Seventeen years prior to unleashing the violence of Dirty Harry upon 1970’s filmgoers, director Don Siegel gave the 1950’s crowd this explosive prison drama that cast a long list of accomplished character actors in the leading roles starting with none other than screen tough guy and WW2 decorated hero, Neville Brand taking center stage.
Utilizing a semi-documentary style consisting of a stern narrator and stock footage including political figures of the prison system attending meetings just up the road from me in Toronto, Canada, the question is raised, “Where will the next prison riot be?” Cut to the usually gentle character actor Dabbs Greer slugging a guard, grabbing some keys and unlocking the cells of Brand and the always dangerous Leo Gordon. Our question has been answered and the riot is set to occur in a prison overseen by Emile Meyer who plays against type as a fair warden who shows much wisdom and compassion in his decision making.
Filmed on location in Folsom just before Johnny Cash would make the prison world famous in song, Brand and Gordon are quick to release all the inmates in Cell Block 11 while at the same time roughing up the guards on duty and placing them in a cell. Another well known face, Whit Bissell, is rightfully scared for his life. He’s a quick tempered guard who has plenty of enemies among the inmates. Brand plays the ringleader and representative who will step forward to bargain with Meyer on the overall treatment of the prisoners and the things that are denied to them while incarcerated.
It’s at this point that prison official Frank Faylen turns up as does the press with William Schallert front and center as a newspaper man covering the story that is earning Brand headlines across the nation. Faylen has little use for negotiating a “fair deal” with Brand and is set to unleash the national guard on the convicts. The hot headed Gordon does little to strengthen the inmate’s arguments when he throws a dagger at Faylen.
“One guard for each inmate.”
This from Brand to Meyer. If any inmate is killed by a guard’s hand, one of the hostages will also be killed as retribution and Bissell’s name is first on that list.
While Meyer wants the stand off to come to a peaceful ending and is willing to capitulate to Brand’s demands, Faylen is quick to take advantage of any sign of weakness that may surface. It’s at this point as the film nears it’s harrowing climax that Siegel gives us one hell of a hair raising scare. When the convicts learn that the guards have set dynamite along a wall in order to send the troops flooding into the cell block, Brand and company handcuff their hostages along the inside of that same wall that’s been set to blow. The tension rises as the inmates all back away from the wall awaiting the explosion to level the brick and kill the hostages.
Produced by Walter Wanger, the casting of Leo Gordon among the inmates was somewhat controversial during the production. Leo had served a five year stretch for armed robbery in San Quentin and the real warden of Folsom Prison didn’t want him on the location shoot. Looking at Leo in the film, it’s no wonder. He’s scary as hell, meaning he’s terrific and unforgettable in the role of the heavy, Crazy Mike Carnie. The type of role he’d play for the majority of his career moving forward. One has to love a quote from director Siegel, “Leo Gordon was the scariest man I have ever met”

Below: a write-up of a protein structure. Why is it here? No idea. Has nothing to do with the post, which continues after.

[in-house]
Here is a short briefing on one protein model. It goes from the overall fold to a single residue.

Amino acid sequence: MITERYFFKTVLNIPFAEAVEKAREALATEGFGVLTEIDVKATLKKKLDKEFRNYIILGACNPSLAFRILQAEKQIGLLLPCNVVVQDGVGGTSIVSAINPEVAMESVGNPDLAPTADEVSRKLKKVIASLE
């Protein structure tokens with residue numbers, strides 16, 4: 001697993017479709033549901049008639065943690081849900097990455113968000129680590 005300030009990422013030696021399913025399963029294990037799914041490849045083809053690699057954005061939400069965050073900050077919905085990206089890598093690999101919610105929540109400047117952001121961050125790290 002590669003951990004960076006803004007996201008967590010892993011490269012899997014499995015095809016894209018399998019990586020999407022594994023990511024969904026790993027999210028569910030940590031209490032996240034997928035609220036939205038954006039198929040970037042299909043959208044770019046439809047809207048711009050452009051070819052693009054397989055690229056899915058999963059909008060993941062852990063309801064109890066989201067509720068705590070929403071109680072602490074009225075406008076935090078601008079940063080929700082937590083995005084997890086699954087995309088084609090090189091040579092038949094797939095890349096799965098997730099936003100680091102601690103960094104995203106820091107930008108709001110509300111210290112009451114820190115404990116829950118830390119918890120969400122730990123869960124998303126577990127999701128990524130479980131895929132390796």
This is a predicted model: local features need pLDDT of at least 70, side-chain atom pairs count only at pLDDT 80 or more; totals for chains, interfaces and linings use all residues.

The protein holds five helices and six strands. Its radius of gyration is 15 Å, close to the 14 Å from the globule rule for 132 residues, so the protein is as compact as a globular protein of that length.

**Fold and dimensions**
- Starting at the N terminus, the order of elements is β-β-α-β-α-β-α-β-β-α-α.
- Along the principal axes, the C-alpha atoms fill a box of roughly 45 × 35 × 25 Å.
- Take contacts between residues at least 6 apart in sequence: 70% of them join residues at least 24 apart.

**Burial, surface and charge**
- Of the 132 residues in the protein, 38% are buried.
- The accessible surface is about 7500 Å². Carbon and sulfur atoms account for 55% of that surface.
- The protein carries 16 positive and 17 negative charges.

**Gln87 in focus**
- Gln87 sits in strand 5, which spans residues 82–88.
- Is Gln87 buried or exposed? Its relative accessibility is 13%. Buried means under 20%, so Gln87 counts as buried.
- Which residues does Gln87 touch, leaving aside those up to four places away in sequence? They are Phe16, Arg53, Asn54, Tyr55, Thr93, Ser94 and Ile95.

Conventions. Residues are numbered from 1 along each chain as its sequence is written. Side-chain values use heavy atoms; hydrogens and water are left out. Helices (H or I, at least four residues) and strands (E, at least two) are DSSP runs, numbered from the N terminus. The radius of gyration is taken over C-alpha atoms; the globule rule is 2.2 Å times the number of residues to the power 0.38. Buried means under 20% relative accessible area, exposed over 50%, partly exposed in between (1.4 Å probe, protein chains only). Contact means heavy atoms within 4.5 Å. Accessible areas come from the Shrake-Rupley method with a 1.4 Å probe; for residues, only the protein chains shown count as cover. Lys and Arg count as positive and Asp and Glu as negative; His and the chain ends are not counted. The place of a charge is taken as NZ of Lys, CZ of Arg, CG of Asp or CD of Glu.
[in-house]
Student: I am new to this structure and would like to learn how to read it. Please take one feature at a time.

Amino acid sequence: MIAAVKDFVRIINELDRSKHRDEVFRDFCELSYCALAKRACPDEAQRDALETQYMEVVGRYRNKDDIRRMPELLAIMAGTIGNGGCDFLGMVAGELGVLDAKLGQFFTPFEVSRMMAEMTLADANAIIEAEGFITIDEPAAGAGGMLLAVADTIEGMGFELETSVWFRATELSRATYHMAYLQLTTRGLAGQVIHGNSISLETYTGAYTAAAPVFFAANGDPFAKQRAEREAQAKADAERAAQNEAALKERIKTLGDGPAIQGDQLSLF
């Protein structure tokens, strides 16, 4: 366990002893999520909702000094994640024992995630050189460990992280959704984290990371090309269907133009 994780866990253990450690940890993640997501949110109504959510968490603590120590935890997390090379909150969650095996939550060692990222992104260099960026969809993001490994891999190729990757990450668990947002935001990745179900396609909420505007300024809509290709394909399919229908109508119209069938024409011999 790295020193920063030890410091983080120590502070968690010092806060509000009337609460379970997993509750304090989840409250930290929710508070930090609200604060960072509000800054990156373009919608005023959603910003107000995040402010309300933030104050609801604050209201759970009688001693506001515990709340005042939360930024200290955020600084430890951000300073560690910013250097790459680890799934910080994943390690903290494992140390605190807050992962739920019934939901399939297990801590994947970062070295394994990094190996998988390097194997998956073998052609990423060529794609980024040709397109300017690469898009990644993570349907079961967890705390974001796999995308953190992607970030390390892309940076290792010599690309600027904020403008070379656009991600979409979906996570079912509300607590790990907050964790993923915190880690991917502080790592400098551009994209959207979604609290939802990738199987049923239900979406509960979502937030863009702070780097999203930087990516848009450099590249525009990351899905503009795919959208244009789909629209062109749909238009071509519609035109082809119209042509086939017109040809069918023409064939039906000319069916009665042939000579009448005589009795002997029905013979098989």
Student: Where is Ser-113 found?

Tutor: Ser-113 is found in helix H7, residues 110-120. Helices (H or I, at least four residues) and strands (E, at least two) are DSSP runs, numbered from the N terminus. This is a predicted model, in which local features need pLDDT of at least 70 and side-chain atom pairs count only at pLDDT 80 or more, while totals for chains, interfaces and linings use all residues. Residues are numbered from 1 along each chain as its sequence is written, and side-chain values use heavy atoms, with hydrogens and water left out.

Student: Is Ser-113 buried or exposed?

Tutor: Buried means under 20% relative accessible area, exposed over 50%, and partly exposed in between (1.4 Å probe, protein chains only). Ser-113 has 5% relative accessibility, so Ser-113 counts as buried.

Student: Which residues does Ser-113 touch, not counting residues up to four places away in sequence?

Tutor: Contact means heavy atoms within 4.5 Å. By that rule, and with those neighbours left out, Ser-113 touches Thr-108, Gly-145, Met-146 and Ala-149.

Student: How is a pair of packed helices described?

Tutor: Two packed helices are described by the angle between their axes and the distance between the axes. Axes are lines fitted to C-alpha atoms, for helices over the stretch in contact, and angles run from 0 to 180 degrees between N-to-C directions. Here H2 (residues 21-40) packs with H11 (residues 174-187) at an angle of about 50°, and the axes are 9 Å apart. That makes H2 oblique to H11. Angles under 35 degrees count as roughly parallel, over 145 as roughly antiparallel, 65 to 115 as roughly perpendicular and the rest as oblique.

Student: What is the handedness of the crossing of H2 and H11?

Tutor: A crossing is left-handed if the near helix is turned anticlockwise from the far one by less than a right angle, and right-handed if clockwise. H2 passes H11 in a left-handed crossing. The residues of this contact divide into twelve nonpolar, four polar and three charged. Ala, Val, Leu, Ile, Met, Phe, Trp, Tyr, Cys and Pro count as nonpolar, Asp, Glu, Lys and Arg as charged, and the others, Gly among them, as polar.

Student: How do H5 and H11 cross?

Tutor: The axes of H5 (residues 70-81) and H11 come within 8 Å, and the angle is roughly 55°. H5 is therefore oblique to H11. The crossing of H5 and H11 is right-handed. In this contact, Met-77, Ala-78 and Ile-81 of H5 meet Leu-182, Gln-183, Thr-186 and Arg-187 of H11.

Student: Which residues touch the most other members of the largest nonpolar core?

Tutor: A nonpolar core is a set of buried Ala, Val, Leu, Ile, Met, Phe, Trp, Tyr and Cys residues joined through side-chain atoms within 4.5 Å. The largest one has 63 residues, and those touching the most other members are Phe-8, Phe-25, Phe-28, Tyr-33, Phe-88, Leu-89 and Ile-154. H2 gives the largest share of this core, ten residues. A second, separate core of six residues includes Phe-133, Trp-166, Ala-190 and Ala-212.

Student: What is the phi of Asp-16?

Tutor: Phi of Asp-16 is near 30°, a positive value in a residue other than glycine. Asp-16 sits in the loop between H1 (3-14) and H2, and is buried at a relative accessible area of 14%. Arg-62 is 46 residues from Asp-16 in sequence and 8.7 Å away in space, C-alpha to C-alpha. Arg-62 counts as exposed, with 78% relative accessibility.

The casting of the gravel voiced Neville Brand proved a great fit. Brand like Gordon would go on to play many a bad guy over the course of his career that was beginning to pick up steam following his role in Billy Wilder’s Stalag 17. Like Gordon, Brand was the real deal and a highly decorated veteran. Some sources place him as the fourth most decorated soldier of WW2. As an actor who was generally type cast as the heavy, this role proved a good fit for Brand. Though an inmate and playing it tough, he’s put his fellow convicts needs ahead of his. He’d follow up this role with another change of pace character portrait in Return From the Sea as a lonely navy man.
Producer Wanger would reteam with Don Siegel for the sci-fi classic Invasion of the Body Snatchers in 1956 and the following year Siegel would once again direct Leo Gordon as none other than John Dillinger in Baby Face Nelson with Mickey Rooney taking the tile role.
One of the major strengths of Riot in Cell Block 11 is the lack of star power. By not employing a headline actor in the Burt Lancaster mold of Brute Force, the film works well as an ensemble piece flooded with well known character actors who generally make any film they appear in that much better. Brand and Gordon consistently made any leading man that much more of a hero for facing them down while Emile Meyer expertly played the heavy under a shaggy dog beard in Shane. Schallert surely appeared in what seems like 1000 roles between TV and film and Dabbs Greer did the same, notably in his long run on Little House in the 1970’s. Bissell played roles in anything from westerns to the Creature From the Black Lagoon and is easily identifiable. Even Alvy Moore is in here as an inmate. You may recall him from his role on Green Acres.
Out on DVD or blu ray from Criterion, this one’s a great example of a “B” film that made a lasting impression on cinema by a director who was clearly on the rise. No I don’t have the original one sheet here in the collection but if you’re going to have just one classic lobby card from the film, you definitely want the one with Leo and Neville featured prominently. Highly recommended if you haven’t already seen this prison drama.